Saturday, May 18, 2013

What do you do?

Life is all about change, right? As much as we might hate it, it's inevitable. Nothing stays the same forever.

So what do you do when the path you're on takes a sudden detour--and it's not exactly the one you want to be on?

As an example, let's take running. A couple of my friends were talking about running and races on Twitter today and so running is really on my brain right now. Anyone who has followed my blog for a while knows that I am (was?) a runner. I've run a few half marathons, and I loved it. Don't get me wrong, they are hard, but there's nothing quite like that high when you blast past the finish line and realize you really did it.

But the last one I did (when I PR'd by 28 minutes) really jacked up my knee. It's almost been a year, and I still can't run more than about 2-3 miles before it starts to hurt. I finally caved in and went to a sports medicine specialist a few months ago and found out I have arthritis in my knee and the more I run the faster it'll progress. I just turned 30 and I have arthritis. THAT SUCKS. Talk about a course change. He gave me some exercises to do to see if it helps, but he told me, "you might want to think about taking up biking or swimming."

It was devastating news. I'm not a natural runner. Yes, I have long legs, but they don't seem to want to take me places very fast. I've had to work REALLY HARD to get my speed up and break that two hour mark for my last half. I was thinking I'd finally attempt a marathon after that race, and then this happened. Sudden detour, much?




Running was more than just about beating a clock, or doing races, though. It was an escape. It was an accomplishment. There's something powerful about pushing your body through the pain and desire to quit and finish 13.1 miles running strong. I can only imagine what 26.2 would be like now, since he told me there's no way I should ever do a marathon unless I want to have (another)
knee surgery. It's been a rough adjustment not being able to get out there and pound out the miles. To not get that runner's high once in a while that keeps you lacing up and heading out, even in the snow or rain or cold or heat. I still worked out, but it's not the same.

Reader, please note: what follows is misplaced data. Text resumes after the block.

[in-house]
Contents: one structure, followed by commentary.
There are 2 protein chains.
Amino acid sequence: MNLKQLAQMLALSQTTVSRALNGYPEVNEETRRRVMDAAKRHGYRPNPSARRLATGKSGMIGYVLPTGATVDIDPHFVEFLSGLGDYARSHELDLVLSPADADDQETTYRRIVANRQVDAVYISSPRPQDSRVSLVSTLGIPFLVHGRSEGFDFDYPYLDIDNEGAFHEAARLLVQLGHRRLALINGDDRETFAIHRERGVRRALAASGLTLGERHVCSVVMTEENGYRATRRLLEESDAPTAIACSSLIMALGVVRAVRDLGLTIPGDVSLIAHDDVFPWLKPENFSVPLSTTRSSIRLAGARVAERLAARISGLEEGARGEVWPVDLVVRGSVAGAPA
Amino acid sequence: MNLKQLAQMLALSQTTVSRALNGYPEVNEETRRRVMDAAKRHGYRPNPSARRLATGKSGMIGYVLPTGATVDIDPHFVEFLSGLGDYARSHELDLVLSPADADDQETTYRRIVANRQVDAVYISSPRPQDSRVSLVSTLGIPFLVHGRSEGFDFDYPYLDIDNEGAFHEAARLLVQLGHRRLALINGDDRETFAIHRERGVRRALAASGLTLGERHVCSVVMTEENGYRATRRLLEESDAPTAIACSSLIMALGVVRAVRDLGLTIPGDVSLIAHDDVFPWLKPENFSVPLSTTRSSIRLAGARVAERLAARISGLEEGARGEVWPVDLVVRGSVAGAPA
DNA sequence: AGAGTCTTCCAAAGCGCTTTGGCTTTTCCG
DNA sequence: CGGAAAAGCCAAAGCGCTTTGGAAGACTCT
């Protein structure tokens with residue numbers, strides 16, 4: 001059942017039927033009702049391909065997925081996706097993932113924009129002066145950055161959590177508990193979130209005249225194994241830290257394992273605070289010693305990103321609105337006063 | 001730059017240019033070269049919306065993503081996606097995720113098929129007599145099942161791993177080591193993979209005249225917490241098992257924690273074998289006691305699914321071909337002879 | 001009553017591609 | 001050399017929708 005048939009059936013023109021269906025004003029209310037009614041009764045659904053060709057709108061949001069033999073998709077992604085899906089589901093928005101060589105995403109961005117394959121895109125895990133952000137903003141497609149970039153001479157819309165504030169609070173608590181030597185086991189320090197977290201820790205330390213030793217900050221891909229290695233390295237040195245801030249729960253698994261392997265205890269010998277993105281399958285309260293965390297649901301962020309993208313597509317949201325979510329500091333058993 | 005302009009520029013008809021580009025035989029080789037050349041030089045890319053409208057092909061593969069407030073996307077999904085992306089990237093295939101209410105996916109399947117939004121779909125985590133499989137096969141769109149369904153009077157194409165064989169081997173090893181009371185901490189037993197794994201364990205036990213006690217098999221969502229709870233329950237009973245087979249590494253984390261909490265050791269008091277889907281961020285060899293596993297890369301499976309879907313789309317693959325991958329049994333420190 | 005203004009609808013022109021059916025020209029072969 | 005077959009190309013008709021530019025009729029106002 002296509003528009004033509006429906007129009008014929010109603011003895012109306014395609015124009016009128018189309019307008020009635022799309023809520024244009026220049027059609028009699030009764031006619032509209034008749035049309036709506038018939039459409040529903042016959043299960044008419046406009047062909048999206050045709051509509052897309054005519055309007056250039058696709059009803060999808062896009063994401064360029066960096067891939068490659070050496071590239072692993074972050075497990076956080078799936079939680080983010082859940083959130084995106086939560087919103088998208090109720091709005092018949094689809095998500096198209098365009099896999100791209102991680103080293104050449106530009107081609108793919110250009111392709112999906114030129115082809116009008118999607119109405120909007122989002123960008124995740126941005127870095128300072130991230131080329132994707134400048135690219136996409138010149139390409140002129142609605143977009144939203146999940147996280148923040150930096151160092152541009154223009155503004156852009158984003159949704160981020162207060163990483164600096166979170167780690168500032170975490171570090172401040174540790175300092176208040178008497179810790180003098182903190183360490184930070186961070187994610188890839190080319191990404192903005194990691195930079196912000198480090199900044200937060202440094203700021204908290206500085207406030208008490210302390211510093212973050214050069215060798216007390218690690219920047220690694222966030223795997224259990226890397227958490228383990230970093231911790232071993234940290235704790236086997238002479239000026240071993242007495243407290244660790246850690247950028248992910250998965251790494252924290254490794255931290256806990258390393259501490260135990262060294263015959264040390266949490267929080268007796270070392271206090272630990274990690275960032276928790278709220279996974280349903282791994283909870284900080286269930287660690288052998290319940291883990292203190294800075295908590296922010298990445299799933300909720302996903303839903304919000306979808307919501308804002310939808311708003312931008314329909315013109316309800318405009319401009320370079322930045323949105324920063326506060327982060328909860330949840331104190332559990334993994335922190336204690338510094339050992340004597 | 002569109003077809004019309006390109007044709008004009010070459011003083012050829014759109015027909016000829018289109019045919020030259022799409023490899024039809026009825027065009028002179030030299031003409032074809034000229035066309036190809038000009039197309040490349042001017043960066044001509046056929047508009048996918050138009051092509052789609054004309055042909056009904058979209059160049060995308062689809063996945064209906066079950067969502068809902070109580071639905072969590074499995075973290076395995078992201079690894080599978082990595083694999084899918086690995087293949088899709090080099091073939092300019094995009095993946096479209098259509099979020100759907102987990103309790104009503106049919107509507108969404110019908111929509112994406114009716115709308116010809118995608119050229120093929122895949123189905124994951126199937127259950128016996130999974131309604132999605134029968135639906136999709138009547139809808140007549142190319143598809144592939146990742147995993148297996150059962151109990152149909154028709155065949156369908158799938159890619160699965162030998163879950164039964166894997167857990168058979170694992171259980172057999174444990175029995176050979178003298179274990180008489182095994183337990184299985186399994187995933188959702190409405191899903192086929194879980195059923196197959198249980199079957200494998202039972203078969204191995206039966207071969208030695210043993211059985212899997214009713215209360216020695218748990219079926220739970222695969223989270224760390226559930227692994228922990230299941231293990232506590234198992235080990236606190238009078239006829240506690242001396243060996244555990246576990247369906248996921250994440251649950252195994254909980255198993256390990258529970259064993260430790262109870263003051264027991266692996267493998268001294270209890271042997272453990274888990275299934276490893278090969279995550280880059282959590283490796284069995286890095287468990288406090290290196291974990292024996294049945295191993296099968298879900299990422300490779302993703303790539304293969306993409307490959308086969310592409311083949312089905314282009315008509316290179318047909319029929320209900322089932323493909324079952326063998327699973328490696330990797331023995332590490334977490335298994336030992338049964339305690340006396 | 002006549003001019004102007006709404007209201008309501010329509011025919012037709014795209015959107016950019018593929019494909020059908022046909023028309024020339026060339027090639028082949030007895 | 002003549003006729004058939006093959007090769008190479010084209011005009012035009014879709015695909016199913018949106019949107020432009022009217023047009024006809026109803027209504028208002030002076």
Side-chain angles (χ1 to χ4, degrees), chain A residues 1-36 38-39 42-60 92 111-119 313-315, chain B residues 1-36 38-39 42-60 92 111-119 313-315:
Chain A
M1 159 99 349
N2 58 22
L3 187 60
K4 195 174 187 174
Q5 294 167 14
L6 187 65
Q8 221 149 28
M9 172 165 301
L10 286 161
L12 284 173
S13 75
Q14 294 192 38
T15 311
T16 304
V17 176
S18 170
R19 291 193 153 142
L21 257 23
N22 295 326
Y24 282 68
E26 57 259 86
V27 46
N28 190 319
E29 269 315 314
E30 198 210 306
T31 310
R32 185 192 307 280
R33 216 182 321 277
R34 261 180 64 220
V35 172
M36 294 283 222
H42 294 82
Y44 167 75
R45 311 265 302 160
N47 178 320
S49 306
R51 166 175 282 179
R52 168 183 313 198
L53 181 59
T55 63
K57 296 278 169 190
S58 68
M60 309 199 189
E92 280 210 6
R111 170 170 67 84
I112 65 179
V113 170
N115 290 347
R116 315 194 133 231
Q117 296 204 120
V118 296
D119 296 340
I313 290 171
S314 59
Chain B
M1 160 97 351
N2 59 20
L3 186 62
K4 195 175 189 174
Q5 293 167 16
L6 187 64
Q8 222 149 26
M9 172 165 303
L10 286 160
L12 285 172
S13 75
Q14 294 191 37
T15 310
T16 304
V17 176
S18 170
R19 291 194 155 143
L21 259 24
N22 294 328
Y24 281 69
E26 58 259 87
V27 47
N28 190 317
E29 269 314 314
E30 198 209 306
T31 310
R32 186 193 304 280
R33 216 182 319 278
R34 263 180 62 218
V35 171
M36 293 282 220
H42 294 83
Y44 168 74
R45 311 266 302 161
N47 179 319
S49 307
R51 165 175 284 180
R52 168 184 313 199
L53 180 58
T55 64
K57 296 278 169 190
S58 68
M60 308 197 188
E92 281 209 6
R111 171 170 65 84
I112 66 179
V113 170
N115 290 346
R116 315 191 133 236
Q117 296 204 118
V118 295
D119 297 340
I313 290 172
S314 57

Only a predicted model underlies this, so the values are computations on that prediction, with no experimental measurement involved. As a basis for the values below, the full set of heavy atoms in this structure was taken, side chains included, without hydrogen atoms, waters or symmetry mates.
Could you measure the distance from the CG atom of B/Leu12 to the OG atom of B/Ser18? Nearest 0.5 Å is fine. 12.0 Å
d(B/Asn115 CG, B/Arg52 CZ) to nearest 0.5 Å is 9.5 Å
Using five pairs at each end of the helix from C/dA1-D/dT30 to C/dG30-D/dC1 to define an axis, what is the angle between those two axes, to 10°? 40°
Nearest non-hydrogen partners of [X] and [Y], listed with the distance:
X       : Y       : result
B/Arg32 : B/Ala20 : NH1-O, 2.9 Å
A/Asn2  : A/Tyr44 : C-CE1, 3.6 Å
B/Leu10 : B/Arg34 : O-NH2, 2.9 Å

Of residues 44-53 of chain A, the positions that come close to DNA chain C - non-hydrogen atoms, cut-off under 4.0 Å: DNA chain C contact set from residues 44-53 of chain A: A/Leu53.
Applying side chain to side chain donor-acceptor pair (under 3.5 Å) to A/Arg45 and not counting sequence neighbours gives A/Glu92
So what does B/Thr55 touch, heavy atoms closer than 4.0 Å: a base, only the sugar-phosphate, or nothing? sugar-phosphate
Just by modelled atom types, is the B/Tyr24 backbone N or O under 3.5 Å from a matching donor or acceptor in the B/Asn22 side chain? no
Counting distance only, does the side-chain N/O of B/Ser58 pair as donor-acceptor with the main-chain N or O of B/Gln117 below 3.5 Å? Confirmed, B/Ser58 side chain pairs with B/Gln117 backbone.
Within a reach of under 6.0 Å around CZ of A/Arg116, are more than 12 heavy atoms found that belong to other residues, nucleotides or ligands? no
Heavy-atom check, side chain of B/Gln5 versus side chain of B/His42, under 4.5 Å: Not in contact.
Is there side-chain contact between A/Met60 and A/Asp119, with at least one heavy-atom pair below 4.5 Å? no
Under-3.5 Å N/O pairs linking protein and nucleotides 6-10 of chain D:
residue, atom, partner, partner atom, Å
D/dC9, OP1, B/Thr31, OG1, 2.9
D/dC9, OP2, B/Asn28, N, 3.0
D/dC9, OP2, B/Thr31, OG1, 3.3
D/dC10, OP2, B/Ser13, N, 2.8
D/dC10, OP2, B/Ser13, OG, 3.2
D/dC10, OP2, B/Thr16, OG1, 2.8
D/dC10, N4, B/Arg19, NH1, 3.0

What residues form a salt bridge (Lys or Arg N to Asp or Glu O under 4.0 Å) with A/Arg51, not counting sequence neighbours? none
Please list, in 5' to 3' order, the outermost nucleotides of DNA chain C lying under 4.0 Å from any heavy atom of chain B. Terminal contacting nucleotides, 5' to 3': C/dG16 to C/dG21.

So what now? When you get thrown a curve ball, what do you do?

I've heard the saying that when God closes a door, he opens a window. I'm still waiting for my window. Maybe once we can buy me a road bike and I can start putting in the (non-impact) miles, I'll find it. Maybe if I pull out my old swim team suit and goggles and get back in the pool, I'll find it. I don't think God just sets those windows right in front of us, so that we can find them while we're stuck moping on our behinds. Do you? Or maybe I'll adjust to only running short distances and find joy in that. Whatever it might be, I'm not going to give up.

My path to getting published was full of unwanted detours. Years to get an agent, years with the wrong agent (who was wonderful, but just not the right fit for me), nine more months to get another agent... it was rough. It was full of potholes and re-calculations and adjustments. But I kept going, I kept altering my course and trying, and wow. I am SO SO happy now. That window I found? It's been absolutely a dream come true. But it took seven years to get here. SEVEN YEARS. Oy.

So what detours have you been forced into taking in your life? Were you able to find joy and happiness, even if the path wasn't what you thought you originally wanted to be on?

3 comments:

Kristen Lippert-Martin said...

Detours. Interruptions. Totally wrong directions. I've tried them all but the satisfaction in finally getting there has been pretty freaking great. People ask me all the time, "So was it all worth it now that you're getting published?"

Eeep.

I'm not ready to say that just yet.

The pain of rejection and waiting, waiting, waiting is still pretty fresh in my mind. I think I need at least a couple 2 or 3 years of complete awesome to erase all that. :)

PS. I'm a cyclist myself and it is time-consuming but no achy knees, hips, lower back. So there's that. Running just grinds you down the older you get and sadly, you can never get your cartilage back once it's gone!

Kathryn Purdie said...

I've never been very athletic, but I have had to make big detours in my life...most especially when I had to give up acting for several years. It was too hard on my young children to be away every night for months on end to be in a play. But that creative void led me to pursue writing a few years ago. Now I can say with confidence that I love it just as much (many times more) than acting. Great blog post!

Tyler Jolley said...

Great post! Yes the road to getting published can be a rough one, but it's so worth it the first time you get to hold your beautiful book in your hands.

As an avid mountain biker, I highly recommend it!